First and foremost, Muslims do not compare Allah to His creation. Therefore, the question can be answered as such due to the fact that Allah is completely Exalted and far above mortal description; He is not “like” His creation.
Allah tells us in His Book that He is “As-Samad” (The eternally Besought of all). He is also the “Al-Awwal” (First) and the “Al-’Akhir” (Last) He is without beginning or end. This is how He always was and always is, and always will be, so to speak.
Second, Islam is clear on the issue of asking questions about Allah, warning people against being influenced by such question which could plant doubt into someone’s mind or drive him away from the Right Path.
Let us consider the Hadith of the Prophet (peace and blessings be upon him) wherein he mentioned that the Shaytan (Satan) will come to you and trouble you with questions like: “Who created this or that?” To which you would logically respond: “Allah.” Until he would come to the question: “Then who created Allah?” At which point the Prophet (peace and blessings be upon him) instructed us to say: “I seek refuge in Allah from the accursed devil.” And then leave off this train of thought. (Reported by Muslim)
You might also consider similar questions that the enemies of Islam have used for centuries to weaken one’s faith in the existence of Allah.
When I memorized Soorat Yoosuf, this verse stuck in my mind: “So when they took him [out] and agreed to put him into the bottom of the well… But We inspired to him, ‘You will surely inform them [someday] about this affair of theirs while they do not perceive’” [Yoosuf 12:15]. Allah inspired the brothers of Yoosuf to throw him into the well, and they did not perceive until he ultimately became a king. So this wrong deed that they committed was not a wrong deed; rather it was divinely inspired, so whenever I commit any sin or error, I have started to say: perhaps this is inspiration to something the purpose of which I am not aware, or to something in the future. How can I distinguish between them?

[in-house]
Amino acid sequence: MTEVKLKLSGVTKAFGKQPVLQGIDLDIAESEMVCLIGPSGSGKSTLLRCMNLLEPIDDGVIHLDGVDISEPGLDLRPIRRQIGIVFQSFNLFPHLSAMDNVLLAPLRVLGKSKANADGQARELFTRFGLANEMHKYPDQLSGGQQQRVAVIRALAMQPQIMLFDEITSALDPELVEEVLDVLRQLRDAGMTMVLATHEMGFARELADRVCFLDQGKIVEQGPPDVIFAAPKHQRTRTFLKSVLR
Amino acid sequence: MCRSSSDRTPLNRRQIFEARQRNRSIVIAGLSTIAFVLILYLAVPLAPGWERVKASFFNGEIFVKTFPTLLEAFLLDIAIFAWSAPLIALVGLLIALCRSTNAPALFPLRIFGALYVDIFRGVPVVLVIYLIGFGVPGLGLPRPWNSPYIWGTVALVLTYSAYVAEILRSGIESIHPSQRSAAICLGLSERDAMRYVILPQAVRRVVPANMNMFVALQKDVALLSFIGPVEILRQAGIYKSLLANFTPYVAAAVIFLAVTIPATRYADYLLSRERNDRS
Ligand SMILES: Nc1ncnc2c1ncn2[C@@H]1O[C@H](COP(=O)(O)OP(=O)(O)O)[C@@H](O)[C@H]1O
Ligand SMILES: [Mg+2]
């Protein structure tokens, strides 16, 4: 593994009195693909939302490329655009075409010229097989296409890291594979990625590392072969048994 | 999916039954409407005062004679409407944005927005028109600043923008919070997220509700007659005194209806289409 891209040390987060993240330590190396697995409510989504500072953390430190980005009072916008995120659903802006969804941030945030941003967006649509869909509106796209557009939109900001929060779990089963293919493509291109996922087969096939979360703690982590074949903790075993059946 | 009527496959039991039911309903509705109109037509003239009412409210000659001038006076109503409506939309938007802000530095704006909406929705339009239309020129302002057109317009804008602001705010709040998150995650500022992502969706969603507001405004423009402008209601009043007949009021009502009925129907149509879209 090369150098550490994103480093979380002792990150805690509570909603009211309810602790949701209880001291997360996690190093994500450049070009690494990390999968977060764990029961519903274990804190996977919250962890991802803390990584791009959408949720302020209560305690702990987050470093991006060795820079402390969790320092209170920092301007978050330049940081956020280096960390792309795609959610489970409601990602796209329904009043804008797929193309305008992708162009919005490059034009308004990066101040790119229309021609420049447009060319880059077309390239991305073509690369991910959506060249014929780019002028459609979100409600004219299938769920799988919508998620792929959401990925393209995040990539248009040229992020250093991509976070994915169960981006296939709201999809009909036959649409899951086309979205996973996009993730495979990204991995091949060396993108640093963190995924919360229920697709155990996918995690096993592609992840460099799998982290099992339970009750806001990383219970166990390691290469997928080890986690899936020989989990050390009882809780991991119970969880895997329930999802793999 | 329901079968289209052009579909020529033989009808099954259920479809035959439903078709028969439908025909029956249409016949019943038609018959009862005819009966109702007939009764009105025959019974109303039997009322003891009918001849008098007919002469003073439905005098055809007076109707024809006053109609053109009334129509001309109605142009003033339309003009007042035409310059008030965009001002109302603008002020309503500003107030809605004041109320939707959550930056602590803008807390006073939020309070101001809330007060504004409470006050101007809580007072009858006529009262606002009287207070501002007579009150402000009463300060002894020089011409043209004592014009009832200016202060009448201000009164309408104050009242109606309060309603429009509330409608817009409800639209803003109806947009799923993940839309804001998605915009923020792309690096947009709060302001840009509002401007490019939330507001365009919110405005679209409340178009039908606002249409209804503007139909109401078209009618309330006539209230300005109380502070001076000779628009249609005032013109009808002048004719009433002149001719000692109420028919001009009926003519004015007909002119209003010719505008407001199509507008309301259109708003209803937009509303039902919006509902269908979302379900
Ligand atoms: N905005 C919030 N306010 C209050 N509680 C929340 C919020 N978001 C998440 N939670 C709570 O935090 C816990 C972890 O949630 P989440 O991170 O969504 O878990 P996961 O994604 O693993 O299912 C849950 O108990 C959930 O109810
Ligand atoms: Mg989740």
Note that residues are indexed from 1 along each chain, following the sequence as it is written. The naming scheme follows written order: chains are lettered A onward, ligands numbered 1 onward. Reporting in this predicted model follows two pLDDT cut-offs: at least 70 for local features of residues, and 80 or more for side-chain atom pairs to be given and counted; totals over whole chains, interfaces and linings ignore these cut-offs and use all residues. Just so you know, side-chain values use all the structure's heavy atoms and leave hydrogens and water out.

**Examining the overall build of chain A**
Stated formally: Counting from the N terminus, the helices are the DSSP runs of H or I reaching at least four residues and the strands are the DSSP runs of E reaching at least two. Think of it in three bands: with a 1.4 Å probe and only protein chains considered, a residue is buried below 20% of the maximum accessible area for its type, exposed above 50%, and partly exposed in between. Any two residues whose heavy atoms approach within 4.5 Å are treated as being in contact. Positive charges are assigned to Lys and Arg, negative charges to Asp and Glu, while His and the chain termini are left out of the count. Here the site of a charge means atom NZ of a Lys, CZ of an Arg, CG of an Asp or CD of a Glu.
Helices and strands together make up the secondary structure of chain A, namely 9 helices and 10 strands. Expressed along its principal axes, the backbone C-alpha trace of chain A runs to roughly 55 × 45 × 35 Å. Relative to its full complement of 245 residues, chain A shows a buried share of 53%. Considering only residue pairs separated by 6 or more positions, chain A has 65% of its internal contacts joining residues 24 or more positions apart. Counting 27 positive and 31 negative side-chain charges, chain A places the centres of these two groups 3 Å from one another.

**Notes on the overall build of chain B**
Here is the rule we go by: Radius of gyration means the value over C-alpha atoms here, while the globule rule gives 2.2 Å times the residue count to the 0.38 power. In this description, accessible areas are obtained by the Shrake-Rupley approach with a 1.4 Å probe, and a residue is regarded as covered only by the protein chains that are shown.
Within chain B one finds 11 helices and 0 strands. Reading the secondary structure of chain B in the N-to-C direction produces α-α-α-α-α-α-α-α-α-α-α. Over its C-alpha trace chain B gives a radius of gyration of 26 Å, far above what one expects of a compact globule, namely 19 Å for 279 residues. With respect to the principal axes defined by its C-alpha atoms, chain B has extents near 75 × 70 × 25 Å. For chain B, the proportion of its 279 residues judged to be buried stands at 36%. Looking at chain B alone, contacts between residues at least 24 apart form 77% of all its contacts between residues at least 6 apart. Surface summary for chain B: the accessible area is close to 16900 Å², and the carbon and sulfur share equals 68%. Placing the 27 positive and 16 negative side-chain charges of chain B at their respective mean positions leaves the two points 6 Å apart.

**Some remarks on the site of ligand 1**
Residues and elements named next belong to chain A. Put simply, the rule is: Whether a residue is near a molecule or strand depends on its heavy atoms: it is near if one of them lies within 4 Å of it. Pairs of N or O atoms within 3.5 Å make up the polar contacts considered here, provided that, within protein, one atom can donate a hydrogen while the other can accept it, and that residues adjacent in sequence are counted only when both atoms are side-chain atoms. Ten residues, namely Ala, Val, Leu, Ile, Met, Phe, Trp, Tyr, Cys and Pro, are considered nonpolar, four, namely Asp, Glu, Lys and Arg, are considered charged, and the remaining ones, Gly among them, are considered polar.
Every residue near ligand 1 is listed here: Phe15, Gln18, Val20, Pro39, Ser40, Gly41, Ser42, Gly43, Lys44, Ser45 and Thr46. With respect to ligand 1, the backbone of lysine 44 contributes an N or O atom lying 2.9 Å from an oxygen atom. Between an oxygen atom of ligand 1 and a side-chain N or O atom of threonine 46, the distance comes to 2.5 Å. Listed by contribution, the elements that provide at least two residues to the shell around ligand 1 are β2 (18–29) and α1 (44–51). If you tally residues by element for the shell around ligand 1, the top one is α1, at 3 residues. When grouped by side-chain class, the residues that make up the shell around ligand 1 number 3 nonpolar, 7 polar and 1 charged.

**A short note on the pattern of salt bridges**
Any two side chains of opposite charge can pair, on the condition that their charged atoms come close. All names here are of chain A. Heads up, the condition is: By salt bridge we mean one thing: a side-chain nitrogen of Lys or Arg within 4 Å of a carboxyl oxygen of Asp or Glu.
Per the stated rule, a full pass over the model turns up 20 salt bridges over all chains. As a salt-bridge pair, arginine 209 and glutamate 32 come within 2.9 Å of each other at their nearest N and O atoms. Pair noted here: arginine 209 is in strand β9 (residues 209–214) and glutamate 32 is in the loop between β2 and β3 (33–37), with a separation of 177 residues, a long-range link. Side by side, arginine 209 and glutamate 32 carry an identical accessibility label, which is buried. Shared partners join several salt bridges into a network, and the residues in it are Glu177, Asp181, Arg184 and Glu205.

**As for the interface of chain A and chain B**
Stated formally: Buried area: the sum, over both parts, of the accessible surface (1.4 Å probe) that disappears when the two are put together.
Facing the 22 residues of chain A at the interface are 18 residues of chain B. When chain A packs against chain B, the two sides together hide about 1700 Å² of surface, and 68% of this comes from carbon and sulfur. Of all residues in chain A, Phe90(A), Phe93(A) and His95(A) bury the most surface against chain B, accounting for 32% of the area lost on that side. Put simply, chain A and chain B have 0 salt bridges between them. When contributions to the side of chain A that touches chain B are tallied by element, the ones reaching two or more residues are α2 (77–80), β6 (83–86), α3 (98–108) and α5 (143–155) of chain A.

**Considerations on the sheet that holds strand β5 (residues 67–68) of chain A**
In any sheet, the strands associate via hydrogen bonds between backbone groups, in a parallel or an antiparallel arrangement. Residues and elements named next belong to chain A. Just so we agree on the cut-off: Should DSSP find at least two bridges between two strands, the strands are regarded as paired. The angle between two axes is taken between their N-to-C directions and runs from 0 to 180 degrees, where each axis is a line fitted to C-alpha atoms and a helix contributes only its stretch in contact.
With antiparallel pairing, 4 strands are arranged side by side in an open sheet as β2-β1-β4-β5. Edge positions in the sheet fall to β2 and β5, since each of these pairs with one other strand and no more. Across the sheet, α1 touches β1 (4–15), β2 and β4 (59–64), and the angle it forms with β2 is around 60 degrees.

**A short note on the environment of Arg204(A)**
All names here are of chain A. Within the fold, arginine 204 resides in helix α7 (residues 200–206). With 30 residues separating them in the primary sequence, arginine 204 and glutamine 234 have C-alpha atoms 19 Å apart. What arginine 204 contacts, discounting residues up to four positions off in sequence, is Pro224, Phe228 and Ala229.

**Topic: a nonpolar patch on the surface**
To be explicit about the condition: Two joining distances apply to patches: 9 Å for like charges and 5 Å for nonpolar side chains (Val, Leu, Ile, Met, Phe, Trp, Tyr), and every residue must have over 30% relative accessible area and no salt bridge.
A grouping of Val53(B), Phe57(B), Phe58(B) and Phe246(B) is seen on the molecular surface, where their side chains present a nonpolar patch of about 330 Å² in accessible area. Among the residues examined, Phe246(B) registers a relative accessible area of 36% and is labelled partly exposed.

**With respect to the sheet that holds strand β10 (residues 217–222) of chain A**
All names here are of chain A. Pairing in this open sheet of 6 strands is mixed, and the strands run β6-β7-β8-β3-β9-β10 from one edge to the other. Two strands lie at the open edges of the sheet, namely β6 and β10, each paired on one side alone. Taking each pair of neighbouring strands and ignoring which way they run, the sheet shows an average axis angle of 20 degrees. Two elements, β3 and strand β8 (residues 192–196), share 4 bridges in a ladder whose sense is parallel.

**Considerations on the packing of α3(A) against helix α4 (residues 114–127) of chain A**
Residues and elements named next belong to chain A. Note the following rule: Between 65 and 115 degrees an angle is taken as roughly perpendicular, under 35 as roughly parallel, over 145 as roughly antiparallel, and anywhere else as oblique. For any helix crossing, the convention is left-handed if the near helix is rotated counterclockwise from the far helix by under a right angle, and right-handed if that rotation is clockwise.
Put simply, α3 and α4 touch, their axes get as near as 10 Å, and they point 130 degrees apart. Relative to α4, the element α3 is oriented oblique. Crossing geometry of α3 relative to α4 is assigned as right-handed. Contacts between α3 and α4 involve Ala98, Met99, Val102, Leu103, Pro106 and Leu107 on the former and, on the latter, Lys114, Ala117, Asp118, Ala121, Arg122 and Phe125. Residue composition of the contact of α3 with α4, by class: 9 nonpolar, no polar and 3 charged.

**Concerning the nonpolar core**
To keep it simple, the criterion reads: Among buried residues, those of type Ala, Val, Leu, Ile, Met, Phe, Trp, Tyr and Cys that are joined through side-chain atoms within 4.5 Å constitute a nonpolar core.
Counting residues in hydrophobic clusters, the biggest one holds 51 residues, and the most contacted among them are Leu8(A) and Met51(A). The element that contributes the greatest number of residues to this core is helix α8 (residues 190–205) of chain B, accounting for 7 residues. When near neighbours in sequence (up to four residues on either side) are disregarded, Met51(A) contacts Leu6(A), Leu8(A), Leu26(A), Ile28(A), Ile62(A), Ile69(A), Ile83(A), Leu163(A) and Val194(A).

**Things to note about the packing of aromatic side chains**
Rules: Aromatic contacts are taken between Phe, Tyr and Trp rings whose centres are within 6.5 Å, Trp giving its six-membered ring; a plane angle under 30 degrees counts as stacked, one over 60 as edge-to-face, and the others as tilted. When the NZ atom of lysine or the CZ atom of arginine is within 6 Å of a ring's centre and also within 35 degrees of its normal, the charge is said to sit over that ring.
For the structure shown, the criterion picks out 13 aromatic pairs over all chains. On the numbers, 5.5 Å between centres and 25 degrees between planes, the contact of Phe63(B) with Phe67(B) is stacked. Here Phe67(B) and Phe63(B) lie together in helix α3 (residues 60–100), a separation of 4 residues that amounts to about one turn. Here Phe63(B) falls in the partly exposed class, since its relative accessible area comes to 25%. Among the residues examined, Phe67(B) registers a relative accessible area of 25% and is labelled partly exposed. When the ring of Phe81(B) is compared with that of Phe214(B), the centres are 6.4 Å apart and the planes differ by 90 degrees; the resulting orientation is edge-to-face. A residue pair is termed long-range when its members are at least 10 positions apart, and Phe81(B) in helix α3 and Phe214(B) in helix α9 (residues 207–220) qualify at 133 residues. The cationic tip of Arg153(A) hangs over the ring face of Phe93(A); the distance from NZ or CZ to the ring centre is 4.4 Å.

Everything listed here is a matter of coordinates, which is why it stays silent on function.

Praise be to Allah.
What the brothers of Yoosuf did of wronging their brother was not done on the basis of inspiration from Allah, may He be exalted; rather it stemmed from the promptings of their own souls, as their father Ya‘qoob (peace be upon him) described their situation, as mentioned in the verse in which Allah, may He be exalted, said (interpretation of the meaning):
“And they brought upon his shirt false blood. [Jacob] said, ‘Rather, your souls have enticed you to something, so patience is most fitting. And Allah is the one sought for help against that which you describe’”[Yoosuf 12:18].
These brothers admitted that they had done wrong. Allah, may He be exalted, said (interpretation of the meaning):
“They said, ‘By Allah, certainly has Allah preferred you over us, and indeed, we have been sinners.’
He said, ‘No blame will there be upon you today. Allah will forgive you; and He is the most merciful of the merciful’”[Yoosuf 12:91-92].
Praise be to Allah, Lord of Nature, shalawat and greetings to the Prophet and the most noble Messenger, our Prophet Muhammad, Shalallahu ‘alaihi Wa Sallam, along with his family and his companions.